Planning For Your Future And Your Legacy
Everyone has something that they will pass on to the next generation, be it personal property, real estate, family heirlooms, funds or other assets. If you do not specify what you want to happen to these items after you are gone, the state will distribute them for you according to pre-established laws. This can sometimes create situations that you would not have wanted, had you known what would happen.
Instead of leaving things up to the state, we recommend creating a will or trust to record your wishes. This will help you with the orderly transfer of your estate. The most common ways of accomplishing an orderly transfer are by will or trust. There are good reasons to have one over the other based on your desires, the size of your estate, the nature of your bequests, and possibly the circumstances of your beneficiaries.
- Wills: This is a legal document that stipulates who should receive certain assets after you pass away, as well as who should oversee the process. A will can be as simple or as detailed as you see fit.
- Trusts: This can be beneficial when more complex assets are in play. Trusts create an actual legal entity that can take ownership of your belongings, distributing them to whomever you choose at a time of your choice. This advanced form of estate planning can have several advantages to protect your assets, depending on your situation.
- Specialized Estate Planning Tools: For special individual circumstances, including Asset protection plans, Special Needs Trusts, Pooled Special Needs Trusts, Supplemental Needs Trusts.
At Theresa Johnson Law, PLLC, we listen to your story and identify your hopes for the future. We can help you create the most efficient plan to achieve your long-term goals.
Personalized, Compassionate Estate Planning Guidance
We all know it is important to plan for the future, but many of us delay coming up with plans that will help our families for many years to come. That is unfortunate, because preparing for your later years and planning for your estate are not just good things to do for yourself, but they are great ways to save your loved ones a lot of heartache and to help provide for them after you are gone. Estate planning involves more than creating your will or a trust. Another component of planning for the future is to think about who you would want to make decisions for you if you were unable to do so yourself. These could be medical decisions, financial decisions or other matters. When the need for these legal authorizations arises, it is often too late to create them, which is why we recommend making them in advance.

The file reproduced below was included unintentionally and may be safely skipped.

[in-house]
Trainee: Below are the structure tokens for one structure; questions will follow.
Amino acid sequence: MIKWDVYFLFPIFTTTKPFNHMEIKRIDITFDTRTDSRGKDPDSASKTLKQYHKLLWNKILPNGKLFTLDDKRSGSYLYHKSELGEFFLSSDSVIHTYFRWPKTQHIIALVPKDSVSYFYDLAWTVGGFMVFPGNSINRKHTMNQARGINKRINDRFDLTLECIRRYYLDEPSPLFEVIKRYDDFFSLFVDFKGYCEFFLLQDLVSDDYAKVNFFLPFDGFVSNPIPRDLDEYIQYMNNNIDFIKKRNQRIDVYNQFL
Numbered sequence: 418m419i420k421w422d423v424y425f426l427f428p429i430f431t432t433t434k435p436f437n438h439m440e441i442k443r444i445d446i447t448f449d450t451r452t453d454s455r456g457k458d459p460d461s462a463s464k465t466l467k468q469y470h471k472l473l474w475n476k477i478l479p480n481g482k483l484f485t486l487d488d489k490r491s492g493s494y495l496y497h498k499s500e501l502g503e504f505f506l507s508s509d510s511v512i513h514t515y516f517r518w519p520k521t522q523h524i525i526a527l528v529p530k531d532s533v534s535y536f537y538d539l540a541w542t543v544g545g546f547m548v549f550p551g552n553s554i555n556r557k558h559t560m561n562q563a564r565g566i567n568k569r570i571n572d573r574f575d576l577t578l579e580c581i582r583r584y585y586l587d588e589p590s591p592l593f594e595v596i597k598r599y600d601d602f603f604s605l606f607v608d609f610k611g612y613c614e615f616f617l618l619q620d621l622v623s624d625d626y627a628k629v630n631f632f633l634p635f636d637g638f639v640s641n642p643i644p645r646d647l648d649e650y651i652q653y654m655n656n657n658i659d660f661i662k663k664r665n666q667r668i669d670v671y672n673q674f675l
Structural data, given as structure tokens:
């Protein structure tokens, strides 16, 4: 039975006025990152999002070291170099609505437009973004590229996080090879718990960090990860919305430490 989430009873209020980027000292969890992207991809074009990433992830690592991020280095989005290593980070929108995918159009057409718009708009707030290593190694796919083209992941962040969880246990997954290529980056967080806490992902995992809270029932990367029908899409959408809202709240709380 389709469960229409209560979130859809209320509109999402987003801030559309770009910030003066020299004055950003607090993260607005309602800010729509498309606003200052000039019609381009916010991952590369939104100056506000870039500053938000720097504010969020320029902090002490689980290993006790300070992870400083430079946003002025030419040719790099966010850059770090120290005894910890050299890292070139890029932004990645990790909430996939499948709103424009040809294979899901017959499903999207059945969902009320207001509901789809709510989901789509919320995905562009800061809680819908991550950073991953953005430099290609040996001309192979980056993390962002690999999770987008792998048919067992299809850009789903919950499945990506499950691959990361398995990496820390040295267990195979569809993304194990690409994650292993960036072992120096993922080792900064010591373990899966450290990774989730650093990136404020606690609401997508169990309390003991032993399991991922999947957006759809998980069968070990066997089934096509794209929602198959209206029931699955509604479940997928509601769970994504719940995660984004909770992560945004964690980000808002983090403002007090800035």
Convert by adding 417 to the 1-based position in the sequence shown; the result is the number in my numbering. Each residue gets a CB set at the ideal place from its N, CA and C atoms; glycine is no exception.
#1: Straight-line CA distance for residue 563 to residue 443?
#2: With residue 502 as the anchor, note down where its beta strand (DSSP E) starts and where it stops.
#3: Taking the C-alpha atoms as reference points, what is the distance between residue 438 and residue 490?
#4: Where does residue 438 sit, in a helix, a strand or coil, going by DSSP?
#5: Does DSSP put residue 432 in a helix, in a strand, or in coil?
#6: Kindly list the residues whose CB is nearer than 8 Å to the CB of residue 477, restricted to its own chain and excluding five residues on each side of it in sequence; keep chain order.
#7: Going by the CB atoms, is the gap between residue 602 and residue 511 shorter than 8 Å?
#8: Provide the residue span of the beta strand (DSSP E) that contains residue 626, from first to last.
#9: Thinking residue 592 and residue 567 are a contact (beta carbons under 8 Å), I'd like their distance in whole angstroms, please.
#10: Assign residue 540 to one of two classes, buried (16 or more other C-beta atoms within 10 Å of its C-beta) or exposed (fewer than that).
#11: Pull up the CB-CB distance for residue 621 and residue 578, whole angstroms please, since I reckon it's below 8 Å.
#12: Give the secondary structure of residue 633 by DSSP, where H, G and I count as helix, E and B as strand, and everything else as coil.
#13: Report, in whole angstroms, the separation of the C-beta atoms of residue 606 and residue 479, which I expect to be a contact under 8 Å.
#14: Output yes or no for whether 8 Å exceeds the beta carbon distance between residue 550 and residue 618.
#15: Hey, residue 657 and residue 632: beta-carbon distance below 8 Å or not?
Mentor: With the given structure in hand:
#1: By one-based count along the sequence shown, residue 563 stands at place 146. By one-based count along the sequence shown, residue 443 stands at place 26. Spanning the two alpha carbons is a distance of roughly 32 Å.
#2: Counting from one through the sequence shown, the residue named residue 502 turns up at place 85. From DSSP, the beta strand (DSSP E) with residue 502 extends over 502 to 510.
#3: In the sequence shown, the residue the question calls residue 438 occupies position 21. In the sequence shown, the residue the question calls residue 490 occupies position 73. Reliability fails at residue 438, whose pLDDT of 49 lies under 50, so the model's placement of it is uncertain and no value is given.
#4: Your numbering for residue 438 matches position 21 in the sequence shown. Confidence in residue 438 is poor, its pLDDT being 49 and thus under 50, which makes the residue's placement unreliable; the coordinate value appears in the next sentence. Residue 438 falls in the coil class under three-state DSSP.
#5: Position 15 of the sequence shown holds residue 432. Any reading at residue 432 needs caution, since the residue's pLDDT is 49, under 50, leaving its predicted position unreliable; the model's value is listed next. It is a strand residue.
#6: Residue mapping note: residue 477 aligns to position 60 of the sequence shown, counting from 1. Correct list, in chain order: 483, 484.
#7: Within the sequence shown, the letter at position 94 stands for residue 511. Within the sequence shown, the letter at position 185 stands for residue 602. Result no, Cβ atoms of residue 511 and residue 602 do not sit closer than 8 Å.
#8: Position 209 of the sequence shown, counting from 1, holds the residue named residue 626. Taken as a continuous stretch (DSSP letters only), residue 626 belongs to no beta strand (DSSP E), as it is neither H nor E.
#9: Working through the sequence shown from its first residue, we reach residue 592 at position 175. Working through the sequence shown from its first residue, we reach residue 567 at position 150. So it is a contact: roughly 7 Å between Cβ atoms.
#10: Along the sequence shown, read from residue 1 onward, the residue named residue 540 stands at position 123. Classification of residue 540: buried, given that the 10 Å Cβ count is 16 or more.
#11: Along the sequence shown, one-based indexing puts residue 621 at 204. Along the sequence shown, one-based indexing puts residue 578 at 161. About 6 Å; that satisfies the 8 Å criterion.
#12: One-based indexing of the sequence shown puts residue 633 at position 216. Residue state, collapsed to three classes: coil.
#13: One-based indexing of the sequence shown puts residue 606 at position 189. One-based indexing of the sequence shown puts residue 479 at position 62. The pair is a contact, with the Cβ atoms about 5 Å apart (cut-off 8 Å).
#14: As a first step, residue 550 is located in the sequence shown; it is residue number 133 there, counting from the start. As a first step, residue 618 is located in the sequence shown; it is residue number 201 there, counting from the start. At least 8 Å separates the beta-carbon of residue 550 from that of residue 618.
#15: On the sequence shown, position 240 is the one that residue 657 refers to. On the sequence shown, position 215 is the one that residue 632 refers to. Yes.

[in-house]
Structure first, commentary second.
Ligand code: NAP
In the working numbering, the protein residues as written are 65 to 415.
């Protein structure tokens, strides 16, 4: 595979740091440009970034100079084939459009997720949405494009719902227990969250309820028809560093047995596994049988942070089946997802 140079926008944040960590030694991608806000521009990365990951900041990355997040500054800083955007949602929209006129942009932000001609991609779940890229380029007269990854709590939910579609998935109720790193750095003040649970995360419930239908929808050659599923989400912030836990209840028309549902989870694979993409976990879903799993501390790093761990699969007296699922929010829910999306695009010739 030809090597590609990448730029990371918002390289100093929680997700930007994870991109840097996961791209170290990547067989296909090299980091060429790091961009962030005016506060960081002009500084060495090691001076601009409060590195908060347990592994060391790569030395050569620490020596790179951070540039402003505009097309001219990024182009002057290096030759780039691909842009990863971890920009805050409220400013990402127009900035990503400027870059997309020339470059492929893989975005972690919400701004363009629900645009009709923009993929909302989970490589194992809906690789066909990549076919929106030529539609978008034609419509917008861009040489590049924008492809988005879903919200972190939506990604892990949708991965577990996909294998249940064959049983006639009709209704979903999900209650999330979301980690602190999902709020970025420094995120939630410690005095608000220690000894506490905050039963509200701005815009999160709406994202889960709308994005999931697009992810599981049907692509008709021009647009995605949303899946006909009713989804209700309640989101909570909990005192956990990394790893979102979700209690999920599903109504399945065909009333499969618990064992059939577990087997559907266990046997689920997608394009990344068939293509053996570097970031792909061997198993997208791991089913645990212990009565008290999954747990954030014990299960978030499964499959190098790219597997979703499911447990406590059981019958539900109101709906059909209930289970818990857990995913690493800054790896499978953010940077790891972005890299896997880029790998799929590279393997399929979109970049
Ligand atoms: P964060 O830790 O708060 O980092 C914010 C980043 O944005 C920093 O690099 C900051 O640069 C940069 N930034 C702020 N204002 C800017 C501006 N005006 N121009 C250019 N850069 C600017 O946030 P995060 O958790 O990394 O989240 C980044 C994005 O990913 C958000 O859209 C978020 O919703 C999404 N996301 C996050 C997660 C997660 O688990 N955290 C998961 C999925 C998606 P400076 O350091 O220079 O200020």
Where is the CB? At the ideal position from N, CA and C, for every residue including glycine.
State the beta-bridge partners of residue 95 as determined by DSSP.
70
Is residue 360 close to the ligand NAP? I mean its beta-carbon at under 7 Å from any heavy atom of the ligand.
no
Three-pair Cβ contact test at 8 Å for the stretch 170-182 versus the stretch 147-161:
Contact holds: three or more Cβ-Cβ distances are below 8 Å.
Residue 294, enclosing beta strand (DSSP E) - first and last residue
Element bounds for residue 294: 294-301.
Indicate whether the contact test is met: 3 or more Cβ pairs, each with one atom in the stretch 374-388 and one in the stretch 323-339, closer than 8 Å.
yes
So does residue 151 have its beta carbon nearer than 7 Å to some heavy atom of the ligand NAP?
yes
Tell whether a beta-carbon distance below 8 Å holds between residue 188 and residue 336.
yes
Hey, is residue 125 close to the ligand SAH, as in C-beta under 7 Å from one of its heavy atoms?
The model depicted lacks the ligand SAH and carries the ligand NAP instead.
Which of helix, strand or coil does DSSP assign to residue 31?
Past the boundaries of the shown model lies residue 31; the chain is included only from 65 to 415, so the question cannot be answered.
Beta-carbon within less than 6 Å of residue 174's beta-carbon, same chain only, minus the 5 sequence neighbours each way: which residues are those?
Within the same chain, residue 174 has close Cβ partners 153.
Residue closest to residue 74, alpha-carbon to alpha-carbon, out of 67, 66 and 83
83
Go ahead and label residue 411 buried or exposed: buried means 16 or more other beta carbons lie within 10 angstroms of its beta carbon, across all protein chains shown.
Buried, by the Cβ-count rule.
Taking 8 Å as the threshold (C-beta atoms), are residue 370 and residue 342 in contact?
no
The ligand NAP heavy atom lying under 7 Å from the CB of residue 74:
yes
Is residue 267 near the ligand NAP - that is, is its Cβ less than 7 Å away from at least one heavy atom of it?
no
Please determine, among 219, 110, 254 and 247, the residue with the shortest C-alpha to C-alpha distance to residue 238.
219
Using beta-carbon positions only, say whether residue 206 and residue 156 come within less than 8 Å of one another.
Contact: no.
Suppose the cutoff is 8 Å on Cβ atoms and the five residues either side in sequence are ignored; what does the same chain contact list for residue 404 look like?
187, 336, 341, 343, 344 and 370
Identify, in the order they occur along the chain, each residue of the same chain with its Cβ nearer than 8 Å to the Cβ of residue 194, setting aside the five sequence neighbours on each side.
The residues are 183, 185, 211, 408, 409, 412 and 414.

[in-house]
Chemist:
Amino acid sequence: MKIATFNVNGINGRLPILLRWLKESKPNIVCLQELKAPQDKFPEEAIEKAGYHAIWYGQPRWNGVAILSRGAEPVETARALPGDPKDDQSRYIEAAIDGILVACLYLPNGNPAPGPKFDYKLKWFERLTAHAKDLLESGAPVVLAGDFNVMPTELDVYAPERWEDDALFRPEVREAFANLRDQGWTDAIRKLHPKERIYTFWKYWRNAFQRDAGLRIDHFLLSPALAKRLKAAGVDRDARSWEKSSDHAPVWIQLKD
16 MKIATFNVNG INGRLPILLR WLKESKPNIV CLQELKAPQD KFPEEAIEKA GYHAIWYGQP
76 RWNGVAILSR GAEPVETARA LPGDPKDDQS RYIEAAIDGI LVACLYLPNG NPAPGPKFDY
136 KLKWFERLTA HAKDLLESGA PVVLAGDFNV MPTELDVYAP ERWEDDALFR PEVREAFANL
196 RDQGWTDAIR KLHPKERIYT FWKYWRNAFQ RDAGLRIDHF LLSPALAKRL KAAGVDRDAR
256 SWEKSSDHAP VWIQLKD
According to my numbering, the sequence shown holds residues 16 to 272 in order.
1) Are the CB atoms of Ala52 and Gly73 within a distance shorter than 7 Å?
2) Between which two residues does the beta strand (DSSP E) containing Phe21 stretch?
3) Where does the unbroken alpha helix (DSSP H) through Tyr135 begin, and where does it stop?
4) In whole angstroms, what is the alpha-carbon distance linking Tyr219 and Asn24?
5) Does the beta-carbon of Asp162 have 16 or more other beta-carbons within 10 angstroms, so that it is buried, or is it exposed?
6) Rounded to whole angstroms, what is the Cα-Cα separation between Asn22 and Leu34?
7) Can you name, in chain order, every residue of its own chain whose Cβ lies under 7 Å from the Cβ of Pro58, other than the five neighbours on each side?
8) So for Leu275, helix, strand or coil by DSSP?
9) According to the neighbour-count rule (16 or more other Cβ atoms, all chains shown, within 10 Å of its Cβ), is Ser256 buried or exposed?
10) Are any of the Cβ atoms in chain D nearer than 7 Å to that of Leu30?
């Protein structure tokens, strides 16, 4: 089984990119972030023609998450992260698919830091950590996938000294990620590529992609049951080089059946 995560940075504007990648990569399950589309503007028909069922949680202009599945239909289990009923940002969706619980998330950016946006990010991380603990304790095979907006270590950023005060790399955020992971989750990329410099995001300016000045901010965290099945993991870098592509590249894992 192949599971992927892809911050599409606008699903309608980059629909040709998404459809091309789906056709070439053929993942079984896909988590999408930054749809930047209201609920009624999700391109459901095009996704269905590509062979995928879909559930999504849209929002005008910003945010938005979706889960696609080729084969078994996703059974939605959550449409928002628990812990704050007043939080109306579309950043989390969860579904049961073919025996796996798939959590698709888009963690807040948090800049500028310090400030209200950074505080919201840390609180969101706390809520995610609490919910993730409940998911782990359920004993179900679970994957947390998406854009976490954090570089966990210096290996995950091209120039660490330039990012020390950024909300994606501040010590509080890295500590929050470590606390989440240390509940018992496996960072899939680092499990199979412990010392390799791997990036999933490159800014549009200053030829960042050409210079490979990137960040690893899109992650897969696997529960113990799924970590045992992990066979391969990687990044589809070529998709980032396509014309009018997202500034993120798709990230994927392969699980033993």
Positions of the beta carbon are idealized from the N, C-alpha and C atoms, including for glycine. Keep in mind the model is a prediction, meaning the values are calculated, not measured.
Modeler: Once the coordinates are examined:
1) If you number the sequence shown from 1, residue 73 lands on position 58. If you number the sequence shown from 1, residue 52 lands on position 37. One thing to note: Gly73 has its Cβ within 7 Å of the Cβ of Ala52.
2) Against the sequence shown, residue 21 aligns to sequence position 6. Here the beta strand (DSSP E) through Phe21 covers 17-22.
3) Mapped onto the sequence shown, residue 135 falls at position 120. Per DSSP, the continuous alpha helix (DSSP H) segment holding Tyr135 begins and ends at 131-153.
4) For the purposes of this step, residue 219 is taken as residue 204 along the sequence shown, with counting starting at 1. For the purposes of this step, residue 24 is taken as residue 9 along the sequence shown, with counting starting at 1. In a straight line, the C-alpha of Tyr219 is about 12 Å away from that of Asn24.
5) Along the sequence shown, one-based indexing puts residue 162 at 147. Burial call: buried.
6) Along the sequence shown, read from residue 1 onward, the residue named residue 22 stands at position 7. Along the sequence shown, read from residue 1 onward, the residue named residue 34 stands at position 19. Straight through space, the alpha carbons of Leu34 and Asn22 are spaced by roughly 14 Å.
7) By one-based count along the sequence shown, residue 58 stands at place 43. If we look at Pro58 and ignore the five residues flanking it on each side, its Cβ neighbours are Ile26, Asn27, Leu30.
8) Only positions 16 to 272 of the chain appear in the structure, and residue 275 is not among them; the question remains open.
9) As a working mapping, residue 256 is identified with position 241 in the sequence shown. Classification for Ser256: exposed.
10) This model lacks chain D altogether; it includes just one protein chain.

Two documents that every person over the age of 18 needs are: 1) a power of attorney and 2) a health care directive. These documents allow you the right to choose who you want make decisions for you, should you be unable to make the decisions yourself.
Understanding Elder Law
Estate planning is primarily concerned with what happens after you are gone, but elder law is concerned with the legal needs of the aging and those who care for them. For example, as people get older, they often need help making sure their finances are in order to deal with the medical problems and other issues that come with aging. They may also need a power of attorney document to make sure their loved ones have legal authority to make financial and personal decisions for them in case they are no longer able to do so for themselves. Other concerns include:
- Paying for long-term care
- Medical assistance benefits
- Medical assistance planning
- Asset protection
Our Elder Law Services division helps clients and their loved ones with such elder law matters as well as sound guidance for selecting the right long-term health care facility. These are sensitive issues and we are committed to treating you with compassion, respect and dignity.
Take Control Of Your Future
No one knows what will happen down the road, which is why preparation is so important. We can help you navigate through the journey with a solid strategy. To discuss your questions and legal options, please contact our office in Medina. We are available by email or by phone: 763-634-1468.